Effective Oct. 1, the Travel Office and Accounting Department will discontinue the use of the four-part Travel Authorization/ Expense Voucher (TA/EV). For trips approved on or after Oct. 1, employees should use the new TA/EV Excel spreadsheet for travel authorization, travel advance and travel settlement. Trips approved prior to Oct. 1 on the old four-part form should be completed on that form. The new form has a procedure section that outlines the travel approval, advance and reimbursement process. The form is available on the Accounting and Travel Office Web sites.


dCache seminar at 9 a.m. today in WH 10NW

A seminar titled "dCache: A Highly Scalable Grid Enabled Distributed Disk Storage System" will take place today in the Wilson Hall West Wing meeting room, 10NW at 9 a.m. today.

The dCache product has served as a main analysis disk data storage system for the CDF experiment at Fermilab and is the chosen storage system for a number of Tier 1 and 2 LHC sites, including Fermilab US-CMS Tier 1 system. The seminar will cover the dCache project status, new features in the upcoming dCache 1.8 as well as a dCache project roadmap for the next year. A Q&A session will follow the presentations.

For more information, visit the Web site or e-mail Timur Perelmutov. For more information about dCache, visit http://www.dcache.org. Video and audio connection options are available for remote participants. Technical videoconference questions can be directed to Sheila Cisko at scisko@fnal.gov and videoconf@fnal.gov.


Have a safe day!

Save the date: labwide party on Oct. 17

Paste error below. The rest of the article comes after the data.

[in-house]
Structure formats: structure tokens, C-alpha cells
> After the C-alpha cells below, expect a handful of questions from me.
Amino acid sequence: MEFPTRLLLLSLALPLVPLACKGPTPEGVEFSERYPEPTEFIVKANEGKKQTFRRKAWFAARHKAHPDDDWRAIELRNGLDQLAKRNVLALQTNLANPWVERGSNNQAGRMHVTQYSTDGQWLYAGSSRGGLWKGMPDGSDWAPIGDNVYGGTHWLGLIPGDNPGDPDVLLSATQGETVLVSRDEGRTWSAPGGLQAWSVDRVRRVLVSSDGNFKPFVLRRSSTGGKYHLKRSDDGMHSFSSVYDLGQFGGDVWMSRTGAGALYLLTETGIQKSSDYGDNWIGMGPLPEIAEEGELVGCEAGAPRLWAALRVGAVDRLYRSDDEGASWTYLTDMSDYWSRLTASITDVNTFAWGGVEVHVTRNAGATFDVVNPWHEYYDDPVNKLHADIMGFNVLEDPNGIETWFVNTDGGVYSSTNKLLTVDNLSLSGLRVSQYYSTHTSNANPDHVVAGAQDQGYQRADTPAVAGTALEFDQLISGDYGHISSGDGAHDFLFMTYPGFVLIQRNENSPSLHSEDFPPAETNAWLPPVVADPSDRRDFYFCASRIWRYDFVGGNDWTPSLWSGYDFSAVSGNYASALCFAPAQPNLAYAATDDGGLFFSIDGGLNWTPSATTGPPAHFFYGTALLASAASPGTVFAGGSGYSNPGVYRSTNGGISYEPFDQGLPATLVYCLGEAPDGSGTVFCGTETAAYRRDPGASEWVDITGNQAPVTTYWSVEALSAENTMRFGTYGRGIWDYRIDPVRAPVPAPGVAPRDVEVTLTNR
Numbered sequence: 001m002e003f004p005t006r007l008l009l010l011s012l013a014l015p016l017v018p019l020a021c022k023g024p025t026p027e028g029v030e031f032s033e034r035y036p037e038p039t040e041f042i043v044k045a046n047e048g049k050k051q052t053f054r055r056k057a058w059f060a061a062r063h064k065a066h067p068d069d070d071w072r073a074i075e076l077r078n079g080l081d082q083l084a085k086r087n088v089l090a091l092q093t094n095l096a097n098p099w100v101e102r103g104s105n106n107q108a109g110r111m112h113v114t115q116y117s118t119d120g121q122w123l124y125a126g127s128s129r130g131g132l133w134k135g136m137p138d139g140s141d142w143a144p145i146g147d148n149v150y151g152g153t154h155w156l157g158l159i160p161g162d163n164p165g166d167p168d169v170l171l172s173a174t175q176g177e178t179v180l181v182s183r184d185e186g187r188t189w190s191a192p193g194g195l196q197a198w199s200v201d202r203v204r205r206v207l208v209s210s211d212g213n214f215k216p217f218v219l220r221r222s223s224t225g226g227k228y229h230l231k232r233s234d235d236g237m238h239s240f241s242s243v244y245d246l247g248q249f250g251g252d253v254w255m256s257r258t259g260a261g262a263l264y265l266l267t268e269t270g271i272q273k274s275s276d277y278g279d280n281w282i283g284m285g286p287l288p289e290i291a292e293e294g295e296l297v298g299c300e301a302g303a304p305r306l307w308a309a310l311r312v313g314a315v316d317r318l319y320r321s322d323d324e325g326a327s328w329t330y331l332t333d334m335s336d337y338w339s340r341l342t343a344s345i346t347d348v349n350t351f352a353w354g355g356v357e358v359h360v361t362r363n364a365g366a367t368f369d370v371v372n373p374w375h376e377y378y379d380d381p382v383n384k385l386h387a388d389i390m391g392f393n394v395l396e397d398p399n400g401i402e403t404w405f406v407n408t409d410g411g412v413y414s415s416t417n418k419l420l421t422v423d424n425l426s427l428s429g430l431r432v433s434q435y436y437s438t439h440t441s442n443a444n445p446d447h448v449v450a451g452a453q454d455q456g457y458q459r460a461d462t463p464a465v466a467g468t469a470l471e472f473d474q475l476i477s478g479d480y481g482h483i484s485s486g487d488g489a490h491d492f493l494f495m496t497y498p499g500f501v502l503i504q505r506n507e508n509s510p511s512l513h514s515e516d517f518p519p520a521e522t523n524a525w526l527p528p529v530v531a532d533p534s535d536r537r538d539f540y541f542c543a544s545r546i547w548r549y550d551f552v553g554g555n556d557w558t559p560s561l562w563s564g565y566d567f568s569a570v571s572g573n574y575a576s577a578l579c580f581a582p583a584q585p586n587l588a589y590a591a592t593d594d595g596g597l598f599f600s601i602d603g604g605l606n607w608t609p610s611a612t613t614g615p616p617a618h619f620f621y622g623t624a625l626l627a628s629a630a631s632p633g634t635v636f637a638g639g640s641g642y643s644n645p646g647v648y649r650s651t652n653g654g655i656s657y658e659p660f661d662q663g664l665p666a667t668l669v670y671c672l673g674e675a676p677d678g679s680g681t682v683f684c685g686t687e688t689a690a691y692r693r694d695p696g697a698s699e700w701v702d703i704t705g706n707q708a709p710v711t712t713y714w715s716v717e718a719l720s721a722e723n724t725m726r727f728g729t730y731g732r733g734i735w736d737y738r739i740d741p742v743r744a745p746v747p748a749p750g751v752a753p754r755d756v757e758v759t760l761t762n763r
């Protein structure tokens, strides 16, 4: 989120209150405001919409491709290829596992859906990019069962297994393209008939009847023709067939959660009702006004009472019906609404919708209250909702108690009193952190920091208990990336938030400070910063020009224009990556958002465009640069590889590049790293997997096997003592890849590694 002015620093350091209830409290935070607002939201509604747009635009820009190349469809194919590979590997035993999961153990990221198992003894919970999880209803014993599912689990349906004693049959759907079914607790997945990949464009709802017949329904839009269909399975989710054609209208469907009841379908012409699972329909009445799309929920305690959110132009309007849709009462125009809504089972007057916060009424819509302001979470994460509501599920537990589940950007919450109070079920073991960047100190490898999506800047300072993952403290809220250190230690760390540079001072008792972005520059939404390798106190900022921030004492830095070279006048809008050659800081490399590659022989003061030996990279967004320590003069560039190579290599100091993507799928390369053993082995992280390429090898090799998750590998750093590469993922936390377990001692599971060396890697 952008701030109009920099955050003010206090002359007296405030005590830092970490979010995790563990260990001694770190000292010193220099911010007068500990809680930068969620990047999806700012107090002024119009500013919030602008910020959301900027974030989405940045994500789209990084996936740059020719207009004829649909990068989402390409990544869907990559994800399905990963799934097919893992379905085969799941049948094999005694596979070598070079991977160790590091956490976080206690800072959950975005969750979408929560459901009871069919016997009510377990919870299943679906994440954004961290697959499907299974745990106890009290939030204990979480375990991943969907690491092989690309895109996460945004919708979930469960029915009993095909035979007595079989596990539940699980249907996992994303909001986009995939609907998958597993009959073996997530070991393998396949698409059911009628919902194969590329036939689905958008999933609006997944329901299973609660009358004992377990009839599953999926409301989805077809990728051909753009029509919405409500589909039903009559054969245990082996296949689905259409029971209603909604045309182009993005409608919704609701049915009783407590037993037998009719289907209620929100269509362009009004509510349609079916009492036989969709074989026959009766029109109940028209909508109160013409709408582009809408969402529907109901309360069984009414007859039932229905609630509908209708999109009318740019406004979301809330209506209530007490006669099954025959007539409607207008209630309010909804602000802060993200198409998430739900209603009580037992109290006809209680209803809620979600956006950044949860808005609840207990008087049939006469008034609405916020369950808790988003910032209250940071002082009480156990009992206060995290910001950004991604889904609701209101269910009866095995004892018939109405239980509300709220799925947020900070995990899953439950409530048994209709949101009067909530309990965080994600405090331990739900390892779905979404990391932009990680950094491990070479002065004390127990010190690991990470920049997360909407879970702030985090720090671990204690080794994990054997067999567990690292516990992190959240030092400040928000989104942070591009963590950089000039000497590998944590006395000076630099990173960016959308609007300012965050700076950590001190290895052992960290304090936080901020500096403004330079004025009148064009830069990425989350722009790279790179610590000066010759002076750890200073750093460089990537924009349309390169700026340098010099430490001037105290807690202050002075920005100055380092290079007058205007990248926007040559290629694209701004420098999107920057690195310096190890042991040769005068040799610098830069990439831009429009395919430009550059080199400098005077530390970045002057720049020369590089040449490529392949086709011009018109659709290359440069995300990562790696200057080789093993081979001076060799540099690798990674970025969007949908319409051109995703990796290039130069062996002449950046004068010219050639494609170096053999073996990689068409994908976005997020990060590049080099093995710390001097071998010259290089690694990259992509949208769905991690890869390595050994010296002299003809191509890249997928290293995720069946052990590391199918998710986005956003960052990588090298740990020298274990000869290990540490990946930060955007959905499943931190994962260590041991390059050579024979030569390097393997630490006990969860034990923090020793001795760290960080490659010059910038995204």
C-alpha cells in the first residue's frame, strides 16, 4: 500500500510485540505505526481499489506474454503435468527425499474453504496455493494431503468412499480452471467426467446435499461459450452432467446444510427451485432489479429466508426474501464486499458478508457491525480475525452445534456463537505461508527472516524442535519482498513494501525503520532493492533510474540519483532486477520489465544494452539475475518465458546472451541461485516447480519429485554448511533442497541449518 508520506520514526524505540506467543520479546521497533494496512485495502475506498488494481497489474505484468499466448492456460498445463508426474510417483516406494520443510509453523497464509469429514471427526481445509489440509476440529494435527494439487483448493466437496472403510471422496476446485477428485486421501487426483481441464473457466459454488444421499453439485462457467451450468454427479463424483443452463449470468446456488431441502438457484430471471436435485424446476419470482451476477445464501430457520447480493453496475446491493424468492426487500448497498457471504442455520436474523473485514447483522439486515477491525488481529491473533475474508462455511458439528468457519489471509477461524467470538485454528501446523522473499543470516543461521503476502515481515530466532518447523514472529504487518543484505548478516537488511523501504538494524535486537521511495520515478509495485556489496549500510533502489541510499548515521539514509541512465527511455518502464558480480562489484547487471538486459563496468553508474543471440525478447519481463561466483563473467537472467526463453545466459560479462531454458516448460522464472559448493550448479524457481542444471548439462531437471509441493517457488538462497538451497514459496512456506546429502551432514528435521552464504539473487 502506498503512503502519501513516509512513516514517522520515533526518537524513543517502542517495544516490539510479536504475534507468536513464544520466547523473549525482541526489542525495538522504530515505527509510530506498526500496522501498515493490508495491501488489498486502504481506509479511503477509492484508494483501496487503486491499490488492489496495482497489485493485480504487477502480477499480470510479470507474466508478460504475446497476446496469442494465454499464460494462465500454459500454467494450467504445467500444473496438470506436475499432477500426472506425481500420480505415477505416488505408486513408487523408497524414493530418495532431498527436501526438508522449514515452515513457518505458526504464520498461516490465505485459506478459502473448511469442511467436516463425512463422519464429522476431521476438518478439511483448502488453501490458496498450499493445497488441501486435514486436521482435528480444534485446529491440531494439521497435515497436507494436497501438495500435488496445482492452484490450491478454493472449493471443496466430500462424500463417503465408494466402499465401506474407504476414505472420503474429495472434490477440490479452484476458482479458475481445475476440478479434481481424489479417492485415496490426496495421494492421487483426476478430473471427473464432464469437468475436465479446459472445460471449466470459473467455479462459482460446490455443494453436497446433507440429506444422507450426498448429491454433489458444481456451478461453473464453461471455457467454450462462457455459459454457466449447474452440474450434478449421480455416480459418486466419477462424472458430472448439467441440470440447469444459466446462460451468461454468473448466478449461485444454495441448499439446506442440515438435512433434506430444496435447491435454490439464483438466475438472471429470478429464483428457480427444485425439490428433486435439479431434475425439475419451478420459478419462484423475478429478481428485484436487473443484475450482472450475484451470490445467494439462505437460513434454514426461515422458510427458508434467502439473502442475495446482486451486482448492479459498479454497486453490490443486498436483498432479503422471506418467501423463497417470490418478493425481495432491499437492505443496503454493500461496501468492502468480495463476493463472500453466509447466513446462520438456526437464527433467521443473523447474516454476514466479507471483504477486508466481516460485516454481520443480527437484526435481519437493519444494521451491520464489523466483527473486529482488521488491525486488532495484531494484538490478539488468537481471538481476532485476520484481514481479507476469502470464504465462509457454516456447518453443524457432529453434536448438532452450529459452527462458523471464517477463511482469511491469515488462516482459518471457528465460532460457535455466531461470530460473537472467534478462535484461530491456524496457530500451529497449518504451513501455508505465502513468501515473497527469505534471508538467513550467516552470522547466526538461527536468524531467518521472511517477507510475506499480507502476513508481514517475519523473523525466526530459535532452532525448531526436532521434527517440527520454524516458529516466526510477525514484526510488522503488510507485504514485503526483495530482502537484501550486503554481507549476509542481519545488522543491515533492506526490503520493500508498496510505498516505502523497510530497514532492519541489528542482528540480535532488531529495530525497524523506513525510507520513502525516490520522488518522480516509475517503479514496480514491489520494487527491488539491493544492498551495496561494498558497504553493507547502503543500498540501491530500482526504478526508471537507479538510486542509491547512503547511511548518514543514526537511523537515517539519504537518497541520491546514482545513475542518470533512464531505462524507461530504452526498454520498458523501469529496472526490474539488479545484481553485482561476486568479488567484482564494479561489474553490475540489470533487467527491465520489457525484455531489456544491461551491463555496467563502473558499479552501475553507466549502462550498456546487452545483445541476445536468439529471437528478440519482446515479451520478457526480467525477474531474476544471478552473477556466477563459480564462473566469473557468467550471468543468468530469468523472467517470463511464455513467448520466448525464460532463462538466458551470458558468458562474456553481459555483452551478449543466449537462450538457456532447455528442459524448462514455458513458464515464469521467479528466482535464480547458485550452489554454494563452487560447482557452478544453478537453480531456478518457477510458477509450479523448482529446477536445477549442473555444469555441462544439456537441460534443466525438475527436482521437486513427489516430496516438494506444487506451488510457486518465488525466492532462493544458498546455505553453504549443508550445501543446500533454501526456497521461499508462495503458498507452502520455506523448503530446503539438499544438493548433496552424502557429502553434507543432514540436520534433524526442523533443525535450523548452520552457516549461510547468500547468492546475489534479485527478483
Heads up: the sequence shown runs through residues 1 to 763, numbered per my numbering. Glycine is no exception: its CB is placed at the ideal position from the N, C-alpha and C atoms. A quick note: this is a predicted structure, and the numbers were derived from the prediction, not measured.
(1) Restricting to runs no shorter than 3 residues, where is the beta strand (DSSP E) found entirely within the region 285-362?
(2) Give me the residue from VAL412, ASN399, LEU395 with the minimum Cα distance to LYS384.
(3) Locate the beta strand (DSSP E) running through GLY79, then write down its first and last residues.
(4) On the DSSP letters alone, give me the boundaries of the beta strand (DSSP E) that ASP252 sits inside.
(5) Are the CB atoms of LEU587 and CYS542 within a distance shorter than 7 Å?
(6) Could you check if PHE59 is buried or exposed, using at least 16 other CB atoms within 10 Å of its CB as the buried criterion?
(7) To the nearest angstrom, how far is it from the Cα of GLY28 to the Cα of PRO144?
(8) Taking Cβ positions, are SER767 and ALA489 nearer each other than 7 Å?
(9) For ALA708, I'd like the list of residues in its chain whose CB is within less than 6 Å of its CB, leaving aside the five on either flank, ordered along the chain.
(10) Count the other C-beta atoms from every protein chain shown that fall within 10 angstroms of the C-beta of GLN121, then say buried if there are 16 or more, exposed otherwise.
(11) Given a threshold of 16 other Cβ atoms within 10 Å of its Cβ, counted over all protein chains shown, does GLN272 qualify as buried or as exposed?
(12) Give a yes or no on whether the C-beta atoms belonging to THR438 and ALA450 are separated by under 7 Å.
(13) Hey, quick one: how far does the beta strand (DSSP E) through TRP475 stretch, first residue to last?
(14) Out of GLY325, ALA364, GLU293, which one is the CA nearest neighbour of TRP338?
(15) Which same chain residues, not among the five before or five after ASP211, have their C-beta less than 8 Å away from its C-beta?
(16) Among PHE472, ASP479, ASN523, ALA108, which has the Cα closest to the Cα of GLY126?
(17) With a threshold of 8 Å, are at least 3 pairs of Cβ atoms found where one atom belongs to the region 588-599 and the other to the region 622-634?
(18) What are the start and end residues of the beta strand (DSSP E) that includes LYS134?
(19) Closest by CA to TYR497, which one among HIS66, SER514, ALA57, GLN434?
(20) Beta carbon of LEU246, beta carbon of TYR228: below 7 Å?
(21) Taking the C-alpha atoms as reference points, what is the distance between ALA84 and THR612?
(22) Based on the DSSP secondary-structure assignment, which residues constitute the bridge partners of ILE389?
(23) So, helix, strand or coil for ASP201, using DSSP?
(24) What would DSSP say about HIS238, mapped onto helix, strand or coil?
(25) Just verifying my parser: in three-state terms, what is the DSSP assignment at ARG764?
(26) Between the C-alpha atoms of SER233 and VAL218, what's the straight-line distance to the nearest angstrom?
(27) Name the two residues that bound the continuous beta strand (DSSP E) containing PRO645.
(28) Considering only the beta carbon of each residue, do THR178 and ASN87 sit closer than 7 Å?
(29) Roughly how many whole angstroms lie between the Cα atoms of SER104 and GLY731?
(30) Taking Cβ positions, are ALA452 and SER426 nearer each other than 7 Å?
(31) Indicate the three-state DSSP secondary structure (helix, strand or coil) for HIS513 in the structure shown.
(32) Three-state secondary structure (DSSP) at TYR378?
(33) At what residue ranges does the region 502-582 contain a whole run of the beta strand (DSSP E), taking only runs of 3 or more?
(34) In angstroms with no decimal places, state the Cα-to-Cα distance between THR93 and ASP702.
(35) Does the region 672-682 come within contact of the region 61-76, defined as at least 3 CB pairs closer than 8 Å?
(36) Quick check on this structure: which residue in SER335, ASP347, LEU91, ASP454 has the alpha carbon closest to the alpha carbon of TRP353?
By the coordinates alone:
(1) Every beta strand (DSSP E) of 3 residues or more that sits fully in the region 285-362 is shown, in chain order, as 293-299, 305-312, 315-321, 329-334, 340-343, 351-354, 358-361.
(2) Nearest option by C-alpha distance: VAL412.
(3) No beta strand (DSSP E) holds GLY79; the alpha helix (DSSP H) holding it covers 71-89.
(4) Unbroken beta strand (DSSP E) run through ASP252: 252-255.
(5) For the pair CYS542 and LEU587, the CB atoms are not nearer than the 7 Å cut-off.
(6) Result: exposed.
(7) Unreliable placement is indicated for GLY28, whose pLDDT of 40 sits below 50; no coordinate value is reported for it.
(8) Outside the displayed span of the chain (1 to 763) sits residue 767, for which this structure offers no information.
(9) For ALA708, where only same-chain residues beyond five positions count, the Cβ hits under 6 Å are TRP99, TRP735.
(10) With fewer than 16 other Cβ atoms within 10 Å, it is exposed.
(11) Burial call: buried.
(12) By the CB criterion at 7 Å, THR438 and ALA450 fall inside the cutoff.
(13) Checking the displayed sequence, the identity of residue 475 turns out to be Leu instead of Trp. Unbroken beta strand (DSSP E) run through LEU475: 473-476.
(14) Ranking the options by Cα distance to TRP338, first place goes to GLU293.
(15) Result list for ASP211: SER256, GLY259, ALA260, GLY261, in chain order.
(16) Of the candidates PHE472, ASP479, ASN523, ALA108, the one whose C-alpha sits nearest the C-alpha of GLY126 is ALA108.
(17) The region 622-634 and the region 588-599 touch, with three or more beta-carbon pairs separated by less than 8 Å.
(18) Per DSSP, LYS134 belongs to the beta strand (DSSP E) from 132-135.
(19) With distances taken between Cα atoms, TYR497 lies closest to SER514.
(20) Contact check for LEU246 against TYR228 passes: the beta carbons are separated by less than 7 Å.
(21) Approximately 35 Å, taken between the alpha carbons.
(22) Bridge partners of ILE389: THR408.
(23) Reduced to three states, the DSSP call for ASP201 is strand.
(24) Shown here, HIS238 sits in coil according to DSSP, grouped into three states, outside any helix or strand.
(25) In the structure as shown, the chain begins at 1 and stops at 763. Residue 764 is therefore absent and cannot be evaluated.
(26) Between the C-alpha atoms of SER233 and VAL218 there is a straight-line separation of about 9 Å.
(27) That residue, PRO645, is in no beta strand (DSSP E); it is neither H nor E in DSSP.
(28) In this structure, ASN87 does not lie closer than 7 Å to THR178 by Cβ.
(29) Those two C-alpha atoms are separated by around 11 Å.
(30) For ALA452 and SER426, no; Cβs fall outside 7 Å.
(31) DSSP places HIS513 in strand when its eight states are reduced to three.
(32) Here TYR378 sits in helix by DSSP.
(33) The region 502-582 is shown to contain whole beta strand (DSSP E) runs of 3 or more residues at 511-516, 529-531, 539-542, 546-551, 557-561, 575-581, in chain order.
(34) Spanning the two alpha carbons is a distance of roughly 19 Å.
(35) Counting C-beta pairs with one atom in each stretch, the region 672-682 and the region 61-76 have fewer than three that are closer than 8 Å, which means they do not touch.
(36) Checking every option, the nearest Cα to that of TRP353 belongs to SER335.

To say thank you and to celebrate Fermilab's achievements of the last year, the Fermi Research Alliance will host a labwide party in the Wilson Hall atrium on Friday, Oct. 17, from 3:30 to 6:30 p.m. The party will feature international snacks, beverages, music and door prizes. All Fermilab employees, users, contractors and DOE employees are invited.

Kyuki-Do begins Sept. 29
Kyuki-Do, a Korean martial art similar to Taekwondo, can help teach you balance, power, grace and self confidence. Classes begin Sept. 29 and are held for six weeks on Mondays and Wednesdays from 5 - 6 p.m. at the Recreation Facility in the Village. You need to register through the Recreation Office and have a Recreation Facility membership.

English country dancing Sunday
English country dancing will meet Sunday, Sept. 28, in Kuhn Barn. Newcomers are always welcome and all dances are fully taught. This session will focus on dances of Jane Austen's times. A potluck supper will follow at around 5:30 p.m. for those who wish to stay. At the group's next meeting, on Sunday, Oct. 26, we will have live music with Old Fezziwig's Band. For more information, please contact folkdance@fnal.gov or call (630) 584-0825 or (630) 840-8194.